This just in from Reason.com’s John Stossel: There’s Nothing Mysterious About The Market. Unless you’re in Congress. Excerpt:
People have long lists of things they think the market can’t possibly do—from building subways to fighting wars.
Sometimes, the market does them anyway.
War, for example. Even conservatives, who often praise markets, assume that only government can fight terrorists. Tell that to Matthew VanDyke.
VanDyke and his group, Sons of Liberty International, spent the past months in Iraq training the Nineveh Plains Protection Unit, several thousand Christians willing to risk their lives fighting against ISIS’s brutal forces there.
I don’t know if Sons of Liberty are as competent (or more competent) than the U.S. military, but they’re not using taxpayer dollars or getting the U.S. involved in a wider war.
My TV show on “market magic” this week looks at other things markets do that we’re always told only government can do—like run courts.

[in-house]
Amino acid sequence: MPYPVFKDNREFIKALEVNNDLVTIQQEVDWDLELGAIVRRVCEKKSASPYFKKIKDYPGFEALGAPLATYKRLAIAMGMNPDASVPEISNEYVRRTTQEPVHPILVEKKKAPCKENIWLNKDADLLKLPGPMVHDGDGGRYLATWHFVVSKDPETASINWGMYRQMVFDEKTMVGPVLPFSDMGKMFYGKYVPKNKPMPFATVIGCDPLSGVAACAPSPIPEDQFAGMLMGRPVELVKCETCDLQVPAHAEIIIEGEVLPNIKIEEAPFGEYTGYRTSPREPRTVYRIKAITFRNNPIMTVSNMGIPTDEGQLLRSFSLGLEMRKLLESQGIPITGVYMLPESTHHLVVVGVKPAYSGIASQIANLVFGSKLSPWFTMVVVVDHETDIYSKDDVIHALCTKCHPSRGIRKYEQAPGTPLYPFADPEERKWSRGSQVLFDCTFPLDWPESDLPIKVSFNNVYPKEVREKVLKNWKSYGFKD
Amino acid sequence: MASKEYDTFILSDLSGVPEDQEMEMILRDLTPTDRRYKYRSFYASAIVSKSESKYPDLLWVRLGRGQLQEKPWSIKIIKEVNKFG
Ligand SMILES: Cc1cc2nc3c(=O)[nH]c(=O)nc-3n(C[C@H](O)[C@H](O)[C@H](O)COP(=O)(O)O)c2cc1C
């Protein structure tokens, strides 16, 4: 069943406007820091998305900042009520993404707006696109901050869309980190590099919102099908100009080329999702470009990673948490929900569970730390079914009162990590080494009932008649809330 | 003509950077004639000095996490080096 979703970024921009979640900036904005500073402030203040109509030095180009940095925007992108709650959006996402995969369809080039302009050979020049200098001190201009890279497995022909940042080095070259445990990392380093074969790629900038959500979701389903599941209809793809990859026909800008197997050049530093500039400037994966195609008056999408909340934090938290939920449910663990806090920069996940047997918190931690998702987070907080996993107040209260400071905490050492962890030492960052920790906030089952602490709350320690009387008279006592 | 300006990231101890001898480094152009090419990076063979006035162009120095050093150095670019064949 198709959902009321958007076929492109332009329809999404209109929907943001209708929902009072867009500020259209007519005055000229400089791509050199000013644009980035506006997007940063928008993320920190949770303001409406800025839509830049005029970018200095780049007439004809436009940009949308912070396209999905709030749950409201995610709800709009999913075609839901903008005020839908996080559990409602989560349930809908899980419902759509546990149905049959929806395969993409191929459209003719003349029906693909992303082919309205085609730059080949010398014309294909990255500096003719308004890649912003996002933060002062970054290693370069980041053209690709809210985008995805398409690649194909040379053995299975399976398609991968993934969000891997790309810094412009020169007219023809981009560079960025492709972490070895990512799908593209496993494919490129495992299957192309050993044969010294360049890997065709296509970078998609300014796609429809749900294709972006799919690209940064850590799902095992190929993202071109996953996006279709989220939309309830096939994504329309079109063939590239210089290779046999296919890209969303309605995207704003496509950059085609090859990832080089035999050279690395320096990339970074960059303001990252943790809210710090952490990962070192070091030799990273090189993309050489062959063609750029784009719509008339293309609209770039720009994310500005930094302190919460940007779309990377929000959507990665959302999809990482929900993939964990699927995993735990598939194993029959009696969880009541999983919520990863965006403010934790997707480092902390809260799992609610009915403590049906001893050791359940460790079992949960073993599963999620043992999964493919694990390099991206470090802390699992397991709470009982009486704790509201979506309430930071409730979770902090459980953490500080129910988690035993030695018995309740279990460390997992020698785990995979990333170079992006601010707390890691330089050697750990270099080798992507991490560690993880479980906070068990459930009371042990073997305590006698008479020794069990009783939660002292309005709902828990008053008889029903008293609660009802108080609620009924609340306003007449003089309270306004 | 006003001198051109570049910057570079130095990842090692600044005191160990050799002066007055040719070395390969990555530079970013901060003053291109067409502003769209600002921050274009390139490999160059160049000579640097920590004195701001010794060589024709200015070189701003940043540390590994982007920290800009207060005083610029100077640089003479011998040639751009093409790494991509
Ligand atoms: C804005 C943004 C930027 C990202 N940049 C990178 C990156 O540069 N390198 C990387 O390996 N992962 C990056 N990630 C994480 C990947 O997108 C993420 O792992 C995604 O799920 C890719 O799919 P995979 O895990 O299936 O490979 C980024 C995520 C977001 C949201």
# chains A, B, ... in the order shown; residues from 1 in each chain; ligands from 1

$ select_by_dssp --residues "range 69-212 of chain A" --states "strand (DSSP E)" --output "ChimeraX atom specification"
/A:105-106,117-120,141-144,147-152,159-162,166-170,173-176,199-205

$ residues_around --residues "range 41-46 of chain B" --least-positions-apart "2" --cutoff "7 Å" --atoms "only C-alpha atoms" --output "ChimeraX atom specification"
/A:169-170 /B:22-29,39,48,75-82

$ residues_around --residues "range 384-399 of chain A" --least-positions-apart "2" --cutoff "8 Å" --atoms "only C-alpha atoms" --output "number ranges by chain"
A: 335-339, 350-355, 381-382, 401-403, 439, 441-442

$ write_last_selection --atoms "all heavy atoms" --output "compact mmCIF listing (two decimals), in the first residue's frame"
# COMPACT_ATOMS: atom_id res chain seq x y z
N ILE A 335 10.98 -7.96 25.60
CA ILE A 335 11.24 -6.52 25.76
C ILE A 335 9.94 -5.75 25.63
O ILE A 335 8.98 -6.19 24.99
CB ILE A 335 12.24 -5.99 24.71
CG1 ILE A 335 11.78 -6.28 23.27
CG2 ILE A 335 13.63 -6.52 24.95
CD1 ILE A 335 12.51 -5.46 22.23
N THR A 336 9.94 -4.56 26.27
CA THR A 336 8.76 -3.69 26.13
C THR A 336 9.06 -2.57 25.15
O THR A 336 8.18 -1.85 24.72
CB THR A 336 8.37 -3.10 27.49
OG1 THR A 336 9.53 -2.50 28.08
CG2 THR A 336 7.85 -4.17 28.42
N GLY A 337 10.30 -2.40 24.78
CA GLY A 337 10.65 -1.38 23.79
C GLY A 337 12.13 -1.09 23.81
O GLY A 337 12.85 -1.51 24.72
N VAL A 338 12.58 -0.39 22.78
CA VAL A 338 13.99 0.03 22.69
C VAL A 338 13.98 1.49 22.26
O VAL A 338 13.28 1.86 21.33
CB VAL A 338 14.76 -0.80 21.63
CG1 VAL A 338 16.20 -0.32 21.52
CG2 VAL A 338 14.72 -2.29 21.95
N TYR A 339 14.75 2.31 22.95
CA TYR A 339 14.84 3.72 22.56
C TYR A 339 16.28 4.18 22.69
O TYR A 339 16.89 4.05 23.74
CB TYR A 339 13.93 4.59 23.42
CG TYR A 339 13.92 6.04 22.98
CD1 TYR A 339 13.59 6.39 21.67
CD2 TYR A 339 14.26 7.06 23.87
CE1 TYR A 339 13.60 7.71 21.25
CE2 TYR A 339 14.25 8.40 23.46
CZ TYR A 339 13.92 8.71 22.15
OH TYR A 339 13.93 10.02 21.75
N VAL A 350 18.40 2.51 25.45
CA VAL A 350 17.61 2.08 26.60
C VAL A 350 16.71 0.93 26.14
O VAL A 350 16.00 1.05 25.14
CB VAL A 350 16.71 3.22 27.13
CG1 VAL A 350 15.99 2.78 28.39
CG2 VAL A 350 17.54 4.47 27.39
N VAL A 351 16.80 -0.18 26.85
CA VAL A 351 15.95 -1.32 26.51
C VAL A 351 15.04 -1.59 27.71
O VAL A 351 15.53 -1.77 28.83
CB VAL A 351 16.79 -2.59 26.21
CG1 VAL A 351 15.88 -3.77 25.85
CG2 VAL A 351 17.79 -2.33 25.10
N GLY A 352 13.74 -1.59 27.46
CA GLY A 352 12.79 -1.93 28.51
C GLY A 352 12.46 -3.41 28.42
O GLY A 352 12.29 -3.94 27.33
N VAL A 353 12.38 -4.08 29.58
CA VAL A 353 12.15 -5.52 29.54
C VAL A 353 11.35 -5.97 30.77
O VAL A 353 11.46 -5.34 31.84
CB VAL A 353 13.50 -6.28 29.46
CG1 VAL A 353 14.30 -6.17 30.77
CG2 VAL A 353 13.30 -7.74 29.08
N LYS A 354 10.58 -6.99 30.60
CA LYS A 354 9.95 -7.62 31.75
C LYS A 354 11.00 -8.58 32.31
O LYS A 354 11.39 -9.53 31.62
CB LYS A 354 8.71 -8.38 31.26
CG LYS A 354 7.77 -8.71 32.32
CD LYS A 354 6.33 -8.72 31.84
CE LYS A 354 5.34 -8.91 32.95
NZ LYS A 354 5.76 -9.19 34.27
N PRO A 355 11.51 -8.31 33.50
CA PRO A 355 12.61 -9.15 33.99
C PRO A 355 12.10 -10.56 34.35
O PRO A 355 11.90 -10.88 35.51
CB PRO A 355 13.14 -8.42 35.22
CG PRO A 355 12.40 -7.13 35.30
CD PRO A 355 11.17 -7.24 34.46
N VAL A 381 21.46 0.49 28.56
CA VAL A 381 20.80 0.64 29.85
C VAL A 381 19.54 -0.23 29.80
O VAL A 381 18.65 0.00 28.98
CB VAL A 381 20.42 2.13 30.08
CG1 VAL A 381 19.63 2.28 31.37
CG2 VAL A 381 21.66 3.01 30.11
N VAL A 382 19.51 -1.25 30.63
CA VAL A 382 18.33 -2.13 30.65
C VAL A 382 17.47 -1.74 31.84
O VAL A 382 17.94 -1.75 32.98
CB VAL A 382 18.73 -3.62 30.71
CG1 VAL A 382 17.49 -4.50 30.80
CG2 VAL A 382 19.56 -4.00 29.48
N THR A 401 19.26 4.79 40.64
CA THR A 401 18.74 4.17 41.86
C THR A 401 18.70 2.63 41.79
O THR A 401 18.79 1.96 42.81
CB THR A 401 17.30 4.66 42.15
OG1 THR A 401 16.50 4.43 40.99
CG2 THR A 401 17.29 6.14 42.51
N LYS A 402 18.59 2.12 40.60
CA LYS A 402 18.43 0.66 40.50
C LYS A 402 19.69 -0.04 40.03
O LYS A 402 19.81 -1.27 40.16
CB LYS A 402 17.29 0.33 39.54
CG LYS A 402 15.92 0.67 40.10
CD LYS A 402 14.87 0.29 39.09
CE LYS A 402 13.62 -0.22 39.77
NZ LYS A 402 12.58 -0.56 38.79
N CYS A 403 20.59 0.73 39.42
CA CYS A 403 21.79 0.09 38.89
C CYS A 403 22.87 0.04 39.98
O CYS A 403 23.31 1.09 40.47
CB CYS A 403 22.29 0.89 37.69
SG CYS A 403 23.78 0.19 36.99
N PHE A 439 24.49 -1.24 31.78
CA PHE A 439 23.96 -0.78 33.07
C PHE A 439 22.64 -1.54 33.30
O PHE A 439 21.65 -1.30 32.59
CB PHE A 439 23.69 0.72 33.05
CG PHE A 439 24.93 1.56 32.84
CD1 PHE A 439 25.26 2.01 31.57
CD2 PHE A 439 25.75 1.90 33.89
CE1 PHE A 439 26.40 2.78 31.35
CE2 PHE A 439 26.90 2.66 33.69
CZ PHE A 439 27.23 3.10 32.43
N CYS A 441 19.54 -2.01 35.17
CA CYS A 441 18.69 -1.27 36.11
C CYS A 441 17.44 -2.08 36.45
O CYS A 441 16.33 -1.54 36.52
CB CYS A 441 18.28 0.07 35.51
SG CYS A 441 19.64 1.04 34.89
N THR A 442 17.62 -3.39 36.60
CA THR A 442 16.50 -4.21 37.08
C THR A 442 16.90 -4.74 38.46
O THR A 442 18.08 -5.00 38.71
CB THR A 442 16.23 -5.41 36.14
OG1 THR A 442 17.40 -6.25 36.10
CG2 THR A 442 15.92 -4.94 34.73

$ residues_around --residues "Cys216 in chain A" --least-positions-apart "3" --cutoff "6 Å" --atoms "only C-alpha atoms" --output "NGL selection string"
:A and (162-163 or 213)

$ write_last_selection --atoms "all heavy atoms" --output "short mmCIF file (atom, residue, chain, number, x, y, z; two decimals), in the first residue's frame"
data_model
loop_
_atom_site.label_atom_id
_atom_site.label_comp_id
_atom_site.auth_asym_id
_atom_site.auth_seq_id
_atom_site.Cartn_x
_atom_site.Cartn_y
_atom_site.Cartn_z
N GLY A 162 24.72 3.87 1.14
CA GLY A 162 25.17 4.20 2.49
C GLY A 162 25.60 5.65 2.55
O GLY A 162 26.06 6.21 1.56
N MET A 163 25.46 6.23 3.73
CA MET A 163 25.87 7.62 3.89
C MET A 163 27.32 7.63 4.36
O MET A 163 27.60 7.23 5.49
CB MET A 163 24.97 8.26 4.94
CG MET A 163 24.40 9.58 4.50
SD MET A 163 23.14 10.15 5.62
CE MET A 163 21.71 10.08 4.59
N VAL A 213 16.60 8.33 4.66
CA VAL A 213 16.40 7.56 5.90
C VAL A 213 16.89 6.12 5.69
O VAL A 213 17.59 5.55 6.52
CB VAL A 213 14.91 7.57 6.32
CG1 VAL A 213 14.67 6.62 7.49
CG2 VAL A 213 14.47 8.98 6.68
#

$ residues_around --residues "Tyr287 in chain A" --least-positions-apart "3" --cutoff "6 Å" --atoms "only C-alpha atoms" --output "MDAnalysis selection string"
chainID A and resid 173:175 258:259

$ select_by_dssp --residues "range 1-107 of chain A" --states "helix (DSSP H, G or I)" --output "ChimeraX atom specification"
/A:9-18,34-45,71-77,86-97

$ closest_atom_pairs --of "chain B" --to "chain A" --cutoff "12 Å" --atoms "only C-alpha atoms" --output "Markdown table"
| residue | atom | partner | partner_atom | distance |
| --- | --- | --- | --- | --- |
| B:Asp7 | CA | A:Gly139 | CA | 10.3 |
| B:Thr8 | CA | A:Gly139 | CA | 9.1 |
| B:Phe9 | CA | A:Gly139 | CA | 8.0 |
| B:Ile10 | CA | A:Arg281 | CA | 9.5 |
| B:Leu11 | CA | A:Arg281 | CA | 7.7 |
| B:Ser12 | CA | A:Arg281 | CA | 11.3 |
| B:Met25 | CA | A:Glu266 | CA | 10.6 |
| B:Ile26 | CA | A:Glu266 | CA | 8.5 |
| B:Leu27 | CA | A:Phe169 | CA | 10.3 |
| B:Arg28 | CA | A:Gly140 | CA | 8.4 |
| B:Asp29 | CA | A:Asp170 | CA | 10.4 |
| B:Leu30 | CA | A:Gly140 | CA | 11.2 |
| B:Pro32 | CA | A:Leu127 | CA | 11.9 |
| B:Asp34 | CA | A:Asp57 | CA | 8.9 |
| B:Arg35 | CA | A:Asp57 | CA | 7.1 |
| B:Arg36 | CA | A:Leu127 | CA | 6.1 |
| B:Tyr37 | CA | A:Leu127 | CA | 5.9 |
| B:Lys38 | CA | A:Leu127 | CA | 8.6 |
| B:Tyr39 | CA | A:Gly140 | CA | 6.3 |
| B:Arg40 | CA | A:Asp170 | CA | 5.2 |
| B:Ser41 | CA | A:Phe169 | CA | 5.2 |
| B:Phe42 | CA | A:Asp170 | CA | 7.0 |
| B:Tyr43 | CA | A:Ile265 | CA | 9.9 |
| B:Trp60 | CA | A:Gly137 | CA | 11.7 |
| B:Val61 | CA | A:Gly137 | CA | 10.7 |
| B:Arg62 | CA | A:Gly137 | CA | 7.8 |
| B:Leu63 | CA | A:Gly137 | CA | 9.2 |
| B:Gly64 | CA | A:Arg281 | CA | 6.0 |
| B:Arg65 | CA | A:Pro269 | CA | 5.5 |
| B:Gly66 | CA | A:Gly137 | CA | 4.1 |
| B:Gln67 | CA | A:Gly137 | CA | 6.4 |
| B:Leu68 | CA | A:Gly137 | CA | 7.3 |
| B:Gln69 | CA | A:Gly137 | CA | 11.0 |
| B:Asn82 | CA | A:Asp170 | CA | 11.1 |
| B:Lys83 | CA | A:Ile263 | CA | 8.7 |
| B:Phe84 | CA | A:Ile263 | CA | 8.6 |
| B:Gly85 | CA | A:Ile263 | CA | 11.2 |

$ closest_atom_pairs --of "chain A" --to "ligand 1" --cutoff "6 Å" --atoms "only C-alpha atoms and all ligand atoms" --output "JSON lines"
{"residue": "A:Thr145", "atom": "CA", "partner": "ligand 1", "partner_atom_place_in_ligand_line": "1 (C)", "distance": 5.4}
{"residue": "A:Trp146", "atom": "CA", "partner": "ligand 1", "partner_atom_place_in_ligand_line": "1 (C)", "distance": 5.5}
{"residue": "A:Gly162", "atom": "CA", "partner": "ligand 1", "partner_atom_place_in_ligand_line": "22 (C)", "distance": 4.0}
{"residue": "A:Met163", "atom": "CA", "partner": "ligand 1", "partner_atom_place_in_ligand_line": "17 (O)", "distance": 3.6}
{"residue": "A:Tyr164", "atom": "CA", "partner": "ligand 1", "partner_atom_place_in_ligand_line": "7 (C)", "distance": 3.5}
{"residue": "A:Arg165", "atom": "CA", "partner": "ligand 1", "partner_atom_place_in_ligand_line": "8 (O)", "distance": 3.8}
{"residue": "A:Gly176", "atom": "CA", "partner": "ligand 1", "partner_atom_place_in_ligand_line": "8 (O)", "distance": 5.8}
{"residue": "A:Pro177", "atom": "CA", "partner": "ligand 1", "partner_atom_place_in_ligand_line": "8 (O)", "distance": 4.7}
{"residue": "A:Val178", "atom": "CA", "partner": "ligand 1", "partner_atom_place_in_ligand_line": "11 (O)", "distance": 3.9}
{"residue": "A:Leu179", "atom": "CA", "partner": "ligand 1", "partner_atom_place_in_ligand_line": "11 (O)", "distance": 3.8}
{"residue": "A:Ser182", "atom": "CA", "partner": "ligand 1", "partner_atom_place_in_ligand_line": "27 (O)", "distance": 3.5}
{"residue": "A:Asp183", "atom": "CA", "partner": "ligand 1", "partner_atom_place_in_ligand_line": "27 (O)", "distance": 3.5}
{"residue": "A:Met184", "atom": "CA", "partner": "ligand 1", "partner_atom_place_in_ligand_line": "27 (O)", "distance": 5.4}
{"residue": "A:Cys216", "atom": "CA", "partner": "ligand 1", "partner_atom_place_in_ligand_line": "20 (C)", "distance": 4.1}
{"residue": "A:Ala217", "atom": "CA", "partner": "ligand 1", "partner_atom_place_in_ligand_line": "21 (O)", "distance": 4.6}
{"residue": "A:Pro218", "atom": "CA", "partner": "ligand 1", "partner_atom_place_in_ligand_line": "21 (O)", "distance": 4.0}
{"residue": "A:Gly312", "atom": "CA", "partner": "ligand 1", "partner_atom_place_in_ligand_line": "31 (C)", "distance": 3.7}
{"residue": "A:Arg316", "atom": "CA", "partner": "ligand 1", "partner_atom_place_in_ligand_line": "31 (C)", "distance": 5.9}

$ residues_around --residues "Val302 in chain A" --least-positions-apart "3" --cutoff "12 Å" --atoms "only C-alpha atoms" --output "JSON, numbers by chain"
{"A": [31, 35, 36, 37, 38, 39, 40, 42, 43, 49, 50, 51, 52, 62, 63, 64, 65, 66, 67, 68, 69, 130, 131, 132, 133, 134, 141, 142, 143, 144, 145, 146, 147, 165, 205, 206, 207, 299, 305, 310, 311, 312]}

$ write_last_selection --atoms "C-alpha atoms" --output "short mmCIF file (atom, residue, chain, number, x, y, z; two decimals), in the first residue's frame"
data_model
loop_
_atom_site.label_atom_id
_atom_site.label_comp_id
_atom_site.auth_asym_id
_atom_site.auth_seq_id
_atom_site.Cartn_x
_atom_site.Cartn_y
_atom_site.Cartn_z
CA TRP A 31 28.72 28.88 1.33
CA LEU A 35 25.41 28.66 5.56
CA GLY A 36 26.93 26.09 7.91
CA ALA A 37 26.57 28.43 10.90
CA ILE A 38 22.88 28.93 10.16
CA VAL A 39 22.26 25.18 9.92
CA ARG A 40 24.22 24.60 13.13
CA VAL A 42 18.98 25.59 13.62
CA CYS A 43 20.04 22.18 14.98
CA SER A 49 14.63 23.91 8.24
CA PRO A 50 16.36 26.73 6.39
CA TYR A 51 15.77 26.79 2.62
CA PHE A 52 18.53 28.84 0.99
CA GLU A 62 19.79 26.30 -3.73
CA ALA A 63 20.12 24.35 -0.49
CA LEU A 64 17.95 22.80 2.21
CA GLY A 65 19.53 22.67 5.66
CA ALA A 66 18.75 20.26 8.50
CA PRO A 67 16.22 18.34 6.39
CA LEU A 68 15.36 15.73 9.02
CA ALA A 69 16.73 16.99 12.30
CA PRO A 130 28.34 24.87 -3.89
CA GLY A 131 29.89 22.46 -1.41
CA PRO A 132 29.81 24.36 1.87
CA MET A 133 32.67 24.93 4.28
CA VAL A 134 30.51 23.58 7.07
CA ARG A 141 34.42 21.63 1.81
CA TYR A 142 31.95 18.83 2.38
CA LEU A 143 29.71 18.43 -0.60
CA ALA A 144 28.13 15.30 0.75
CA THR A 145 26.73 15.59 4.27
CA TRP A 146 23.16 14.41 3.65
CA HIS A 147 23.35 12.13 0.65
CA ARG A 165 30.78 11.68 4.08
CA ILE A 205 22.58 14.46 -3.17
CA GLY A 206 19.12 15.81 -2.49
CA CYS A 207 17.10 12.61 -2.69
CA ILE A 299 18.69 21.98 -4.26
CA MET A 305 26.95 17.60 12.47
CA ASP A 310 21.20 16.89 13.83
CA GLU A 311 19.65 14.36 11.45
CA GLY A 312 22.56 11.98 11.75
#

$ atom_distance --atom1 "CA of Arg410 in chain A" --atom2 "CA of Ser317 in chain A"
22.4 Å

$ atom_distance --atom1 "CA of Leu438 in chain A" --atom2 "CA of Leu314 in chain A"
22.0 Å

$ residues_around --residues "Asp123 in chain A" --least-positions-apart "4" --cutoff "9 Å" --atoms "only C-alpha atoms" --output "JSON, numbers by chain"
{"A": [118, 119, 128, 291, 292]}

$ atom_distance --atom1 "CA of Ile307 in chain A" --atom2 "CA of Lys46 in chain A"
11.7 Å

There’s one thing the government can do very well: Restrict personal freedom and choice. And boy howdy, do they ever. And that’s the primary difference between markets and government. Markets increase choices; government reduces them. Markets increase economic opportunity; government decreases economic opportunity.
There’s no reason that, for example, highways couldn’t be privately built and operated. Railroads operated that way for many decades, in spite of ever-increasing government interference; in fact, the only railroads in the 20th century that were profitable were railroads built and operated with no government preferences or subsidies. Why? Because they were built in response to a market need, not a political need.
As a general rule, we need less government and more free markets. Can someone get this message to the Imperial City? We’ve tried? Never mind.